In most countries physical wellness is mandatory in the workplace; things have changed since children were considered the best candidates for chimney cleaning. Ignoring the physical well-being of employees has no place in modern business. Likewise, the mental and emotional well-being of employees is now taken almost as seriously. Time taken off for stress equated to 12.5 million days in the UK in 2017, the single biggest reason for taking time off. The more time lost, the more businesses find it makes sense to build wellness in rather than pay the stress related consequences.
The next logical step is proactively building wellness into workplaces, and thereby into workforce’s. This includes identifying the causes of stress and addressing them prior to them becoming an issue.
Travel to work is a major cause of stress; one way this is being addressed is by remote working. Peer to peer business loans lender Rebuilding Society says “We have an almost totally flexible attitude to workplace attendance. The important thing is the work getting done, not where the workforce are based. With this in mind our team of freelancers and remote workers are relived of the stress of travelling to and from work every day, and with the time saved, which equates to several hours a day, they are able to use as family time, or going to the gym, or relaxing, or other activities. This remote working practice creates a far lower level of stress for all the workforce.”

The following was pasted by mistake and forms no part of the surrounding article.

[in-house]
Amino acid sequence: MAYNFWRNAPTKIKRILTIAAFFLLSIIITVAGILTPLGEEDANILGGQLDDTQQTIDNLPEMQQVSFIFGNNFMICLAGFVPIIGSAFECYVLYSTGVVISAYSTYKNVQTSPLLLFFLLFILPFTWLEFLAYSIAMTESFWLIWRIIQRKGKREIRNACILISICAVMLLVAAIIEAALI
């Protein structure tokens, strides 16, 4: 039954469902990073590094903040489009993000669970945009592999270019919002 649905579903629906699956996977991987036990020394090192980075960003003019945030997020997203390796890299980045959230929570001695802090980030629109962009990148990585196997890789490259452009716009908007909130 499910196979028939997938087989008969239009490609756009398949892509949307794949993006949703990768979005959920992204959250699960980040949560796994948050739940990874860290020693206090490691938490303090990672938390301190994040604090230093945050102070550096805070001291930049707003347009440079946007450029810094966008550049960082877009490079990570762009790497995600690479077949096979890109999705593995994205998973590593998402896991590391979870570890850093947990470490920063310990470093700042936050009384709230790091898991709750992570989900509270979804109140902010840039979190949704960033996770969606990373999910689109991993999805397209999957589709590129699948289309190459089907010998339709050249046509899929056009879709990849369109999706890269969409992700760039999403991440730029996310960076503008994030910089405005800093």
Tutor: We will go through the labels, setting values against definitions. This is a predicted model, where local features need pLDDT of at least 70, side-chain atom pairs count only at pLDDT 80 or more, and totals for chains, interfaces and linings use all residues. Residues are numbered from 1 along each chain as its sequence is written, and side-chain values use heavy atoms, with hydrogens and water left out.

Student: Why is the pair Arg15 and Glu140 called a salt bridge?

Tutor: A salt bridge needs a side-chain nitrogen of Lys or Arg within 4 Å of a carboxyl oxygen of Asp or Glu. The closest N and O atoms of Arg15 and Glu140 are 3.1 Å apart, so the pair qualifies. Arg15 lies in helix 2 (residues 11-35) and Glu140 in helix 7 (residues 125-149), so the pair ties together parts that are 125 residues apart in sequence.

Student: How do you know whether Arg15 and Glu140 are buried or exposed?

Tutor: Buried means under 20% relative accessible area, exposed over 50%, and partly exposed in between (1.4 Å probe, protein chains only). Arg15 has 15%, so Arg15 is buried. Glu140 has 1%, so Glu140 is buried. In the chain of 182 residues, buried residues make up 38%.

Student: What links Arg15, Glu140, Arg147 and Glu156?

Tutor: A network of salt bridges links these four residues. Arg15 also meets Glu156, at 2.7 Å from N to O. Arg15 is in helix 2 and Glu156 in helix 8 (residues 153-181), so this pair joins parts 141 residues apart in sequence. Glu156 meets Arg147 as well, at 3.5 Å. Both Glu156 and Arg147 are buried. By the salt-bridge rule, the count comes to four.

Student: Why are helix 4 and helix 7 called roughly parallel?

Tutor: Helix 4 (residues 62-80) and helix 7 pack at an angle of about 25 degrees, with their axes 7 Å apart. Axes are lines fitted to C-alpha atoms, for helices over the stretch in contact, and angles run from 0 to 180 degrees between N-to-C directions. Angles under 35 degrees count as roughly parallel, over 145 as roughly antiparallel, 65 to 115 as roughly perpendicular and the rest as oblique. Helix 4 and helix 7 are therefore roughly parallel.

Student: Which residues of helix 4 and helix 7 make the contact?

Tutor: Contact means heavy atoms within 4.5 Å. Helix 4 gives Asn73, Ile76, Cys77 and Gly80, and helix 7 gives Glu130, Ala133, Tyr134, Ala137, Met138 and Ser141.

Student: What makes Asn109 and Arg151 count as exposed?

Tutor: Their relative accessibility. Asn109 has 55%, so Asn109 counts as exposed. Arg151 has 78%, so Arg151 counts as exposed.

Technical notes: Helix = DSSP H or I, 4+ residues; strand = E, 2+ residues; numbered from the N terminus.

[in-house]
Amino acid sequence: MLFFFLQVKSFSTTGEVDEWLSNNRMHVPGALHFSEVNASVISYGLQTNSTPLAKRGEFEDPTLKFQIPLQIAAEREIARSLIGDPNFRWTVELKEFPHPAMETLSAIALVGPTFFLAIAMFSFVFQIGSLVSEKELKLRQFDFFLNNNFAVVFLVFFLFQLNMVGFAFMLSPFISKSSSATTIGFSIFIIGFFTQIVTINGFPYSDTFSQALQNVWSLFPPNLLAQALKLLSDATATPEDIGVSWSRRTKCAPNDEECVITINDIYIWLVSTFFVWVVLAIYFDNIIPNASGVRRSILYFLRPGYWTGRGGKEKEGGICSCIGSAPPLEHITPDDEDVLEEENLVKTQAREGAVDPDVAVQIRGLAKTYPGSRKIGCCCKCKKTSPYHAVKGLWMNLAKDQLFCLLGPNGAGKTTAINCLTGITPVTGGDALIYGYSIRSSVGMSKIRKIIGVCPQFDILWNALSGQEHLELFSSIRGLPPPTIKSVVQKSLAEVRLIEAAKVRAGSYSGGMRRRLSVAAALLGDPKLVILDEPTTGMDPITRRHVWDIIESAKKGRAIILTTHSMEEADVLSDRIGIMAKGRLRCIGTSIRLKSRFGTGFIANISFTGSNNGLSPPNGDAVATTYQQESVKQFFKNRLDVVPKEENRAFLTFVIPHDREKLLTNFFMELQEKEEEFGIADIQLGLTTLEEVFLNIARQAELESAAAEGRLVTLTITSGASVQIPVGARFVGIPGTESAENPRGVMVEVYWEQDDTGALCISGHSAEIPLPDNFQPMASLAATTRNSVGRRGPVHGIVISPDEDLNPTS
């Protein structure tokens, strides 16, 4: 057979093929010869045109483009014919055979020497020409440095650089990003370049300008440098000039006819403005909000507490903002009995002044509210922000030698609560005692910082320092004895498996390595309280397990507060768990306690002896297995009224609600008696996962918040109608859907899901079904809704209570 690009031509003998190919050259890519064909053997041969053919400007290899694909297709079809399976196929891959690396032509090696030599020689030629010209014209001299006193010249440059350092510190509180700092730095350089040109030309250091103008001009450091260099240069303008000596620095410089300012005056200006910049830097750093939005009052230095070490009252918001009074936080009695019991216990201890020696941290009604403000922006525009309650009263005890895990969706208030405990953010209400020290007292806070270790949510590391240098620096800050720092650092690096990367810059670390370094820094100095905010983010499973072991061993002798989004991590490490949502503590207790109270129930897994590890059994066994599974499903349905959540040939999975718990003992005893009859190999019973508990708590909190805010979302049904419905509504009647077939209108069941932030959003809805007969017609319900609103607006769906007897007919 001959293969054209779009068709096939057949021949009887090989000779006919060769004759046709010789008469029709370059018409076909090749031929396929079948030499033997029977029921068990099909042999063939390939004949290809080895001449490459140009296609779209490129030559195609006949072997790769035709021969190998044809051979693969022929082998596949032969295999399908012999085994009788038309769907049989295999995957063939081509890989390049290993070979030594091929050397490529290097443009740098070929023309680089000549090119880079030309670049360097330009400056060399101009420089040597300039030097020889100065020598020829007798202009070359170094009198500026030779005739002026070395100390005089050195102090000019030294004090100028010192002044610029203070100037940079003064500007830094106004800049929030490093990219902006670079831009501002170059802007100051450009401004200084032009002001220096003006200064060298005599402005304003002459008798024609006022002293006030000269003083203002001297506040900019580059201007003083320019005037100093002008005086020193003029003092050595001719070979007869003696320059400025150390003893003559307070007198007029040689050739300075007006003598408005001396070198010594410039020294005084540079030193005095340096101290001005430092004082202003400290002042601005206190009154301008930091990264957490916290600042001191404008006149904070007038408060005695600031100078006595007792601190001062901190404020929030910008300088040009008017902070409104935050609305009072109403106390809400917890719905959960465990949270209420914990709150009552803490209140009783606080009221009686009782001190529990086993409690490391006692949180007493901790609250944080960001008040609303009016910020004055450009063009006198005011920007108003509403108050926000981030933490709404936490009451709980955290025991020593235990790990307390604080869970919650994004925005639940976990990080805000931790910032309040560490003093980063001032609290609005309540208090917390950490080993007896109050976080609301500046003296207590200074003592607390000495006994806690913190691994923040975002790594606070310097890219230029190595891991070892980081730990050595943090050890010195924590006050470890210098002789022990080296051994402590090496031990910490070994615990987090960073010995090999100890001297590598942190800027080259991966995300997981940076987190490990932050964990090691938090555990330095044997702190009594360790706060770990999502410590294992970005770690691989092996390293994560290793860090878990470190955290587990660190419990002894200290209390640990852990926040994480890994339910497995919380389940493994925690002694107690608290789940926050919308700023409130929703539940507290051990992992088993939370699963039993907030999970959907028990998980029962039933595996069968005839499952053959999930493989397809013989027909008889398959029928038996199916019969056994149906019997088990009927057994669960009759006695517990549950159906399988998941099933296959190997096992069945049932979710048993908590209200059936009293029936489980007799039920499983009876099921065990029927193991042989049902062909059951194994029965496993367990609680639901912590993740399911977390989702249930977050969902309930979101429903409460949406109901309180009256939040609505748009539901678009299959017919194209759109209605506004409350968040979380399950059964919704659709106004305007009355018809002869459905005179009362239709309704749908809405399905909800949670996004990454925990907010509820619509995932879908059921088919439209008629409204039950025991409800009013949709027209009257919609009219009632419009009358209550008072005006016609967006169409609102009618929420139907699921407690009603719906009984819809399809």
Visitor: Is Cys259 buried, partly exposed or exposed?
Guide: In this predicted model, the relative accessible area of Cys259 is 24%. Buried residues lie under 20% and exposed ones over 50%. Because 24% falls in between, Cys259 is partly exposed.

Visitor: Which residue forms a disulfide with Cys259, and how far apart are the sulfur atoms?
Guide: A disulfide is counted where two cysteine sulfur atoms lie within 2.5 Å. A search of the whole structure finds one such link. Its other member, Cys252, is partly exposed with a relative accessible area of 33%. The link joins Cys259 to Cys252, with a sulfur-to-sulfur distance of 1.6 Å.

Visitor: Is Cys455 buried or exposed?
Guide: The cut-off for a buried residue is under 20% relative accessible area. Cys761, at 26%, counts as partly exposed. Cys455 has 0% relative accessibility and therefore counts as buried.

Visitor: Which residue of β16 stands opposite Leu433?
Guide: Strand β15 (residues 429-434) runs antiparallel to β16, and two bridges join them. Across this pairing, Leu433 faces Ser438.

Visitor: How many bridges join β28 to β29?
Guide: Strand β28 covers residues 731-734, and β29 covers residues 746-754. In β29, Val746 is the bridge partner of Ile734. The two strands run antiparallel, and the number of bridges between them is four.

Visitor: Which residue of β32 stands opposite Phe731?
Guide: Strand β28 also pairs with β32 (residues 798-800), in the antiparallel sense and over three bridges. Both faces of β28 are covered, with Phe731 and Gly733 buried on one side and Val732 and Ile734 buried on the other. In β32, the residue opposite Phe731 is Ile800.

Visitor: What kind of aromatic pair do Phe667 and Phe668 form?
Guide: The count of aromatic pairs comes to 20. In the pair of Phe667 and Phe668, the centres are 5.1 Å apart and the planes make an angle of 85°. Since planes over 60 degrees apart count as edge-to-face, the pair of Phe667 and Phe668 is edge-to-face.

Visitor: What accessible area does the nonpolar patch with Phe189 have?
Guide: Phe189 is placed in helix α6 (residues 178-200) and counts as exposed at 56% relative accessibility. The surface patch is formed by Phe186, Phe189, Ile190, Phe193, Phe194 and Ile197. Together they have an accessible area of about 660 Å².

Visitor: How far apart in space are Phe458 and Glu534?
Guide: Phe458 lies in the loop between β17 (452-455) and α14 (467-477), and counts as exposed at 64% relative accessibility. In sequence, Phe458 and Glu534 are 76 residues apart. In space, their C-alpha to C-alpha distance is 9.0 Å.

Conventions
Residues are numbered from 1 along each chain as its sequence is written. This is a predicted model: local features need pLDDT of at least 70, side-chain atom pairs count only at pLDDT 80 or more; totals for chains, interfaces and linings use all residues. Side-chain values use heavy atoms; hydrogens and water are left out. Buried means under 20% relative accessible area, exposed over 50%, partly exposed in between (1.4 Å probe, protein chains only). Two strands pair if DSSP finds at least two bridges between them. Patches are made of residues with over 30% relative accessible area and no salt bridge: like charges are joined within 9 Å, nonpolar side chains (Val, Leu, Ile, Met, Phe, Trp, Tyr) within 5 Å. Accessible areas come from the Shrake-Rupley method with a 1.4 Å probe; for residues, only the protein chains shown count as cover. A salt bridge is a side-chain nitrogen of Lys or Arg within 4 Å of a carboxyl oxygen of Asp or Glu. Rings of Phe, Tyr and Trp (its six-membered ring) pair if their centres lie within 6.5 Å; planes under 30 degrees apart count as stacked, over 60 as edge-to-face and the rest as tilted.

Indeed, that really does seem to make a huge difference. Even a modest commute of an hour each way gives ten hours a week of sitting in traffic or public transport. Ten hours that the employees aren’t even being paid for. Swopping those ten hours for time better spent is inevitably going to reduce stress levels dramatically. Remote working enables the employees or freelancers to create their own working environment, be that a kitchen table, a co working space, a coffee shop, or wherever they feel most comfortable and productive that day. Obviously not everyone can remotely work, at least not all of the time, nurses, teachers, police officers, and people in the service industries tend to need to be physically present in order to do their jobs. However, very many more jobs are capable of being done remotely than currently are.
Many jobs in banking, IT development, in fact most jobs that are done via a computer are fundamentally flexible in terms of geographic location. There are some security issues, as ever, but generally speaking the more computer based a role, the more suitable it is to give the employees the freedom to do it from a non office based position. If a person can do their job on a desktop, they can do it on a laptop, it they can do it on a laptop in the office, they can do in on a laptop in the coffee shop next door, or a home office, or a beach.
I remember an amusing story from about ten years ago. A remote worker in the UK outsourced their entire job to a freelancer in India, paying them a quarter of his annual wage. He did get sacked, eventually, when the company found out after several years. Not for underperforming, the Indian chap was doing very well, but ultimately it did mean the companies IT security was somewhat exposed.
At least everyone showed initiative.